DENVER -- Justice Tuesday for the family of a teenager brutally murdered and dismembered nearly two-and-a-half-years ago in Denver.
Judge William Robbins sentenced Edward Romero, 28, to the longest prison term possible—life in prison without the possibility of parole.
Moments after the sentence, a member of Romero’s family left the courtroom in tears—with sobs that grew increasingly louder.
But for the family of victim Alicia Martinez, walking out of the courtroom lifts a heavy burden off their shoulders.
“I’m going to walk out of this courtroom and never look back and close these doors, these old doors and start opening new ones and focus on getting some closure. And, just know that my daughter got justice,” says Alicia’s mother, Vanessa Martinez.
Romero shot the 16-year-old twice in the head at his home after a party in October 2010--then chopped up her body.
His common-law wife, Francesca Pagliasotti, is serving 10 years in prison for helping him.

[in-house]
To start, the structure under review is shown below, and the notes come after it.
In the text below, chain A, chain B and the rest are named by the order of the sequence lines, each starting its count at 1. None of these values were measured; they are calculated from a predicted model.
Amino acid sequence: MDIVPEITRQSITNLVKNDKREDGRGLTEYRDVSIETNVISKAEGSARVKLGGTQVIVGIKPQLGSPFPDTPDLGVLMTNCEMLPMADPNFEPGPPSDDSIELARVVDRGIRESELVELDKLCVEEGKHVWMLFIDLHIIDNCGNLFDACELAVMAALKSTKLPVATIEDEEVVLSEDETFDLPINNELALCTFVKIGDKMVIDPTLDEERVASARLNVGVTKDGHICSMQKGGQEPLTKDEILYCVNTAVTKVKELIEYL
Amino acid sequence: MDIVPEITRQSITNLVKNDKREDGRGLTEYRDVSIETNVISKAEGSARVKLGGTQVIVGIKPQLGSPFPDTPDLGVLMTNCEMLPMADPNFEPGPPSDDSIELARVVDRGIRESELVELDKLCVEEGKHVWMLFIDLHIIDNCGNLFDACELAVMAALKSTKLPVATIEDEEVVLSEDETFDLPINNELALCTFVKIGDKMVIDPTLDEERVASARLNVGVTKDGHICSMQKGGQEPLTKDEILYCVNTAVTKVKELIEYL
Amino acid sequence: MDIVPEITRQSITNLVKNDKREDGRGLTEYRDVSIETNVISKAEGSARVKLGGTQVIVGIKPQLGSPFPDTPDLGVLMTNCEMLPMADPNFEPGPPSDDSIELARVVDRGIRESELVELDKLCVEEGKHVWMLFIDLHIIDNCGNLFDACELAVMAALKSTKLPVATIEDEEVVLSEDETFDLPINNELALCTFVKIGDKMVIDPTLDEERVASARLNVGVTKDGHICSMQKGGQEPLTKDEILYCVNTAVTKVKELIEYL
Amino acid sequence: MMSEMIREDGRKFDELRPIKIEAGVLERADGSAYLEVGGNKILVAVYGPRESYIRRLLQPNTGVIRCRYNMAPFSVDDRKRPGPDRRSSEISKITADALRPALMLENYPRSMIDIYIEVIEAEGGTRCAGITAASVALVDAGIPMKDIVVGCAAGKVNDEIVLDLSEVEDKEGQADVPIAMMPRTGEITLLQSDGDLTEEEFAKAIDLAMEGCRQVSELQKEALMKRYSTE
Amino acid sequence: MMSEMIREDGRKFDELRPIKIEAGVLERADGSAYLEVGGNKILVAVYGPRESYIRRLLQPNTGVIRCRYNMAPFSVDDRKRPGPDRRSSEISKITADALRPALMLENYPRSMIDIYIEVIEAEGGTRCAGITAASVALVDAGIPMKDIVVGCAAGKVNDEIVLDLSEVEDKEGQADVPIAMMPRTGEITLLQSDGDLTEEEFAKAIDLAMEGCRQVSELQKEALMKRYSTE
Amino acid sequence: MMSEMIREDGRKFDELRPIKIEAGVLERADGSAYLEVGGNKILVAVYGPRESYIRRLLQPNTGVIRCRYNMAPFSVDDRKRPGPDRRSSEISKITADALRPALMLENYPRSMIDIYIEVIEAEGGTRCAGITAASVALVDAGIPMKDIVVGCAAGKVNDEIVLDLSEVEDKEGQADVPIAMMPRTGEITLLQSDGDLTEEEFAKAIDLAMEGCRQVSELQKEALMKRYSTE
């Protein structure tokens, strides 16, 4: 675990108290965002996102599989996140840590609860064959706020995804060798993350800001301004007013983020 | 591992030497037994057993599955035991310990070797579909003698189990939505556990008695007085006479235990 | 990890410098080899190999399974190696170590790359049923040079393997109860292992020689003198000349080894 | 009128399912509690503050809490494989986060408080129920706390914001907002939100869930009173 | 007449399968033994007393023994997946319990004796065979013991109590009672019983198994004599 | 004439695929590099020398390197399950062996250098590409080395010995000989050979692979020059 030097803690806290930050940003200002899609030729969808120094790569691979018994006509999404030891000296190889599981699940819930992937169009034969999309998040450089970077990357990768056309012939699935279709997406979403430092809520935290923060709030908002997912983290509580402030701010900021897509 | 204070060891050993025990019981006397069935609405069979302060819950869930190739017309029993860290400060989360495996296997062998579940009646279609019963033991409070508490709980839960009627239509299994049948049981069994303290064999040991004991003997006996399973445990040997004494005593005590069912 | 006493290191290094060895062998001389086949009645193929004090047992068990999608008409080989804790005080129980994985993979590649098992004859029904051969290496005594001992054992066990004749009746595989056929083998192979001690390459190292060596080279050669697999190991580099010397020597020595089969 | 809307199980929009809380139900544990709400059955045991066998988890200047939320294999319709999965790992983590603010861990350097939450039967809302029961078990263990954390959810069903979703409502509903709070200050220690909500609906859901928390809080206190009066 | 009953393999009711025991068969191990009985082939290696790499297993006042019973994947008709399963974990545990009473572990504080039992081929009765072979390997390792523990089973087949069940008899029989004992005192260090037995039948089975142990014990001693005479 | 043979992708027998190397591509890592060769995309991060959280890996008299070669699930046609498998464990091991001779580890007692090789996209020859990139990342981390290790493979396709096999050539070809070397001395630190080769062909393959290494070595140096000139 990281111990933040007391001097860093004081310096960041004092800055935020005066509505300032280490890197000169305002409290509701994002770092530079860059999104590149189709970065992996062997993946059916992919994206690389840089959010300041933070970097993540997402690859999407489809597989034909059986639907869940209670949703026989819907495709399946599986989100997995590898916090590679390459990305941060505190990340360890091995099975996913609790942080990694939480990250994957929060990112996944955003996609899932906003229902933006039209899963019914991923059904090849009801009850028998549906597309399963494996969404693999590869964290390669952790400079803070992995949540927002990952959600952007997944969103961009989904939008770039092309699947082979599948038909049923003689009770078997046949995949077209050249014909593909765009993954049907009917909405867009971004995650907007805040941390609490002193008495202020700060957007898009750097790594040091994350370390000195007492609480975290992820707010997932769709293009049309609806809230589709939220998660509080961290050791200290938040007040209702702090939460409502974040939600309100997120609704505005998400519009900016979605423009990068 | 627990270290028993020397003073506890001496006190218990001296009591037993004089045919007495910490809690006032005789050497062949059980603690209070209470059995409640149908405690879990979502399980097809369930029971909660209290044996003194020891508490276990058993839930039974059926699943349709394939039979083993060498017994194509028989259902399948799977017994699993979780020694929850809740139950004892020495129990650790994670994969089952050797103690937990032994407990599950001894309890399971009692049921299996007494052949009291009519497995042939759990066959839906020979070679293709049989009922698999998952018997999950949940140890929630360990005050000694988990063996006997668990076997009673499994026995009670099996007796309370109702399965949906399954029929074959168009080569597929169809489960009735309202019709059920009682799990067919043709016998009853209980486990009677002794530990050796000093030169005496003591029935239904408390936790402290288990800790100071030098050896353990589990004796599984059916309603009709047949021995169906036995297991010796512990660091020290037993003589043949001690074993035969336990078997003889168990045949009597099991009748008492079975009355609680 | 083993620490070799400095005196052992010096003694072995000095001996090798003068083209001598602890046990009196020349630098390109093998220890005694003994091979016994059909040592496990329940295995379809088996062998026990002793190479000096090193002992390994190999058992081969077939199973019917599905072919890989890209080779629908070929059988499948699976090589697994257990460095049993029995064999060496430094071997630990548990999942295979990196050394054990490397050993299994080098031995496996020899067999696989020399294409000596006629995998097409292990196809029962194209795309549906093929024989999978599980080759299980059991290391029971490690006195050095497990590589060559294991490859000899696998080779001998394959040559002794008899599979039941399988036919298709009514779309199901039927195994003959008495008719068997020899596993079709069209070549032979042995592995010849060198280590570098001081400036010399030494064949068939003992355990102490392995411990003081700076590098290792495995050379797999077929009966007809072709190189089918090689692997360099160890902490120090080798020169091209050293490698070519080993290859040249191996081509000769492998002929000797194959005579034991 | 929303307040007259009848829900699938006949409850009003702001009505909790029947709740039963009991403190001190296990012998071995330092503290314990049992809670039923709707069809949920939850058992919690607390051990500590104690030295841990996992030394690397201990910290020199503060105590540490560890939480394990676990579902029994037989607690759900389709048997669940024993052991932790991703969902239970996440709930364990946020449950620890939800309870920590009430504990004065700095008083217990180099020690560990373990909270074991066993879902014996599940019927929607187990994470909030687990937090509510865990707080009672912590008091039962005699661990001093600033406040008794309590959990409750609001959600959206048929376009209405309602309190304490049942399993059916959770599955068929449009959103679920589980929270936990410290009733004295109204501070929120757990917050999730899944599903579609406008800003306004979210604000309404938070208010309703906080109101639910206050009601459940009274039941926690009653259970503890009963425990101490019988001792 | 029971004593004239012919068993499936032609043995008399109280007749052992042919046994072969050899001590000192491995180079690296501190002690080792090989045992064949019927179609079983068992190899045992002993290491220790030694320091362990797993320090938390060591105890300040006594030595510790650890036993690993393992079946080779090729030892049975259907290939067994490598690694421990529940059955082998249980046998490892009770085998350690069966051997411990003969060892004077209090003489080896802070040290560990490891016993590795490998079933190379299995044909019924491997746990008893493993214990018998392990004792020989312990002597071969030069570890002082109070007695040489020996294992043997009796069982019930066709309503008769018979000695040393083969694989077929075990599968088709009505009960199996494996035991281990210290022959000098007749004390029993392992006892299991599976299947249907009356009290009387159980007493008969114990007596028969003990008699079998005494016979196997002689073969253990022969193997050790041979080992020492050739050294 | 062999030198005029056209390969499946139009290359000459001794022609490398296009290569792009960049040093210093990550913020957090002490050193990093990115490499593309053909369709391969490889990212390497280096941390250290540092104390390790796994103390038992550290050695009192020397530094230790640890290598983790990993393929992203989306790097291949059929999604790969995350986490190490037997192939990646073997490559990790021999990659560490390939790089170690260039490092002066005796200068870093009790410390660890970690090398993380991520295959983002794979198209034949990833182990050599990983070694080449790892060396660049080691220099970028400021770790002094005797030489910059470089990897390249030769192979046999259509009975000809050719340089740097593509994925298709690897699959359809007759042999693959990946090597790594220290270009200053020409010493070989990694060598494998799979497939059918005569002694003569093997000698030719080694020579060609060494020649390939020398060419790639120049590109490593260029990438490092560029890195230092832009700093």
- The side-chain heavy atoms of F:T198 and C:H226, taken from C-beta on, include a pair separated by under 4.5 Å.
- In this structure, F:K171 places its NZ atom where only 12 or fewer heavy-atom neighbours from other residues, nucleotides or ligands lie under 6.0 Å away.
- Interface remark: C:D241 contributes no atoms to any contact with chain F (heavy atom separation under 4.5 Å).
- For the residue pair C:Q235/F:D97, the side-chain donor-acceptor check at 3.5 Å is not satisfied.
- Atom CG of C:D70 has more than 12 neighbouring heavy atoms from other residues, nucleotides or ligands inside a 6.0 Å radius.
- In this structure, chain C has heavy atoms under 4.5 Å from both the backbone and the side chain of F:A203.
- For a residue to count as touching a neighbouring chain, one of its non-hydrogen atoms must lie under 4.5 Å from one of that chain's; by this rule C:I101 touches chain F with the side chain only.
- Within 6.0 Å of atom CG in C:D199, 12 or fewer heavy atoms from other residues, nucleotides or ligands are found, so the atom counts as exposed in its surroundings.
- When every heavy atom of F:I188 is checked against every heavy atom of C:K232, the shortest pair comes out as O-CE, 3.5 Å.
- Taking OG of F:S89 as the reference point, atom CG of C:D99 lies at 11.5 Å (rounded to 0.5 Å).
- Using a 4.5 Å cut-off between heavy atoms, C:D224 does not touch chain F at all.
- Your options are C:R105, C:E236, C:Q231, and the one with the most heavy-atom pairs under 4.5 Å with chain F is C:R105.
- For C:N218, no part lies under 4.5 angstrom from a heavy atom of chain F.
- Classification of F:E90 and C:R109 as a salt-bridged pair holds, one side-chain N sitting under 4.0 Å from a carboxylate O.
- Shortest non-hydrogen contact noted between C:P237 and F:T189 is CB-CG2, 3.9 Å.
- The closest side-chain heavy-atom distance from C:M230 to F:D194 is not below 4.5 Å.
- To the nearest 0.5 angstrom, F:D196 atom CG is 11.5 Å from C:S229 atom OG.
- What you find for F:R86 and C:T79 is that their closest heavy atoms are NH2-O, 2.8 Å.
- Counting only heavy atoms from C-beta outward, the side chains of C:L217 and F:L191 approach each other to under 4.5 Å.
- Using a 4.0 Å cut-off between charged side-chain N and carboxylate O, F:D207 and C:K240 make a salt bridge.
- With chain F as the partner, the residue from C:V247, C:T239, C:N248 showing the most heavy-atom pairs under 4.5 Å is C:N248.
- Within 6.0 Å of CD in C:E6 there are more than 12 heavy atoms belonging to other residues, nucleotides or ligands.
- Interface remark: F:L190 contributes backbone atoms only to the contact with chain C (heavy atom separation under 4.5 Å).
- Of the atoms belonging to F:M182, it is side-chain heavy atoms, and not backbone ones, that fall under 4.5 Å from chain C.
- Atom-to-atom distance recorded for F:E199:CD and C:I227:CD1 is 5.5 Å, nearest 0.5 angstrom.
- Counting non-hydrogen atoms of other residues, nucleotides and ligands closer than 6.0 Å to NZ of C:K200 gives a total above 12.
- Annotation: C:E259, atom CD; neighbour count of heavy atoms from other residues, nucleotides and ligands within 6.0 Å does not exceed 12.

Romero’s attorneys say he was insane, but the jury didn’t believe them.
“This guy could win a Grammy for how good he acted,” says Martinez about what she calls a performance in pretending he was mentally ill.
Judge Robbins said in court, “Whether or not this case is a referendum on our mental health system, that is a conversation for another day. Mr. Romero was offered help and he refused it.”
The judge also told Romero: “…the things you did to her after you murdered her were unspeakable. This is as severe a case, as horrible a case, as I have ever seen. It deserves the severest penalty I can impose.”
But for Alicia’s family, a life sentence without their daughter is much more severe. And they must learn to move forward.
“I’m a believer in the Bible. If I ever want to see my daughter again, I mean, in order for God to forgive me and my sins I have to forgive Romero for what he did to my daughter,” she says.
But forgiveness does not mean forgetting.
“Hopefully, this is going to taunt him for the rest of his life,” says Martinez.
We also learned today several jury members were very touched by Alicia’s death. They took flowers to her grave site after reaching a guilty verdict in February.
Romero’s attorneys say they will appeal the sentence.AlertMe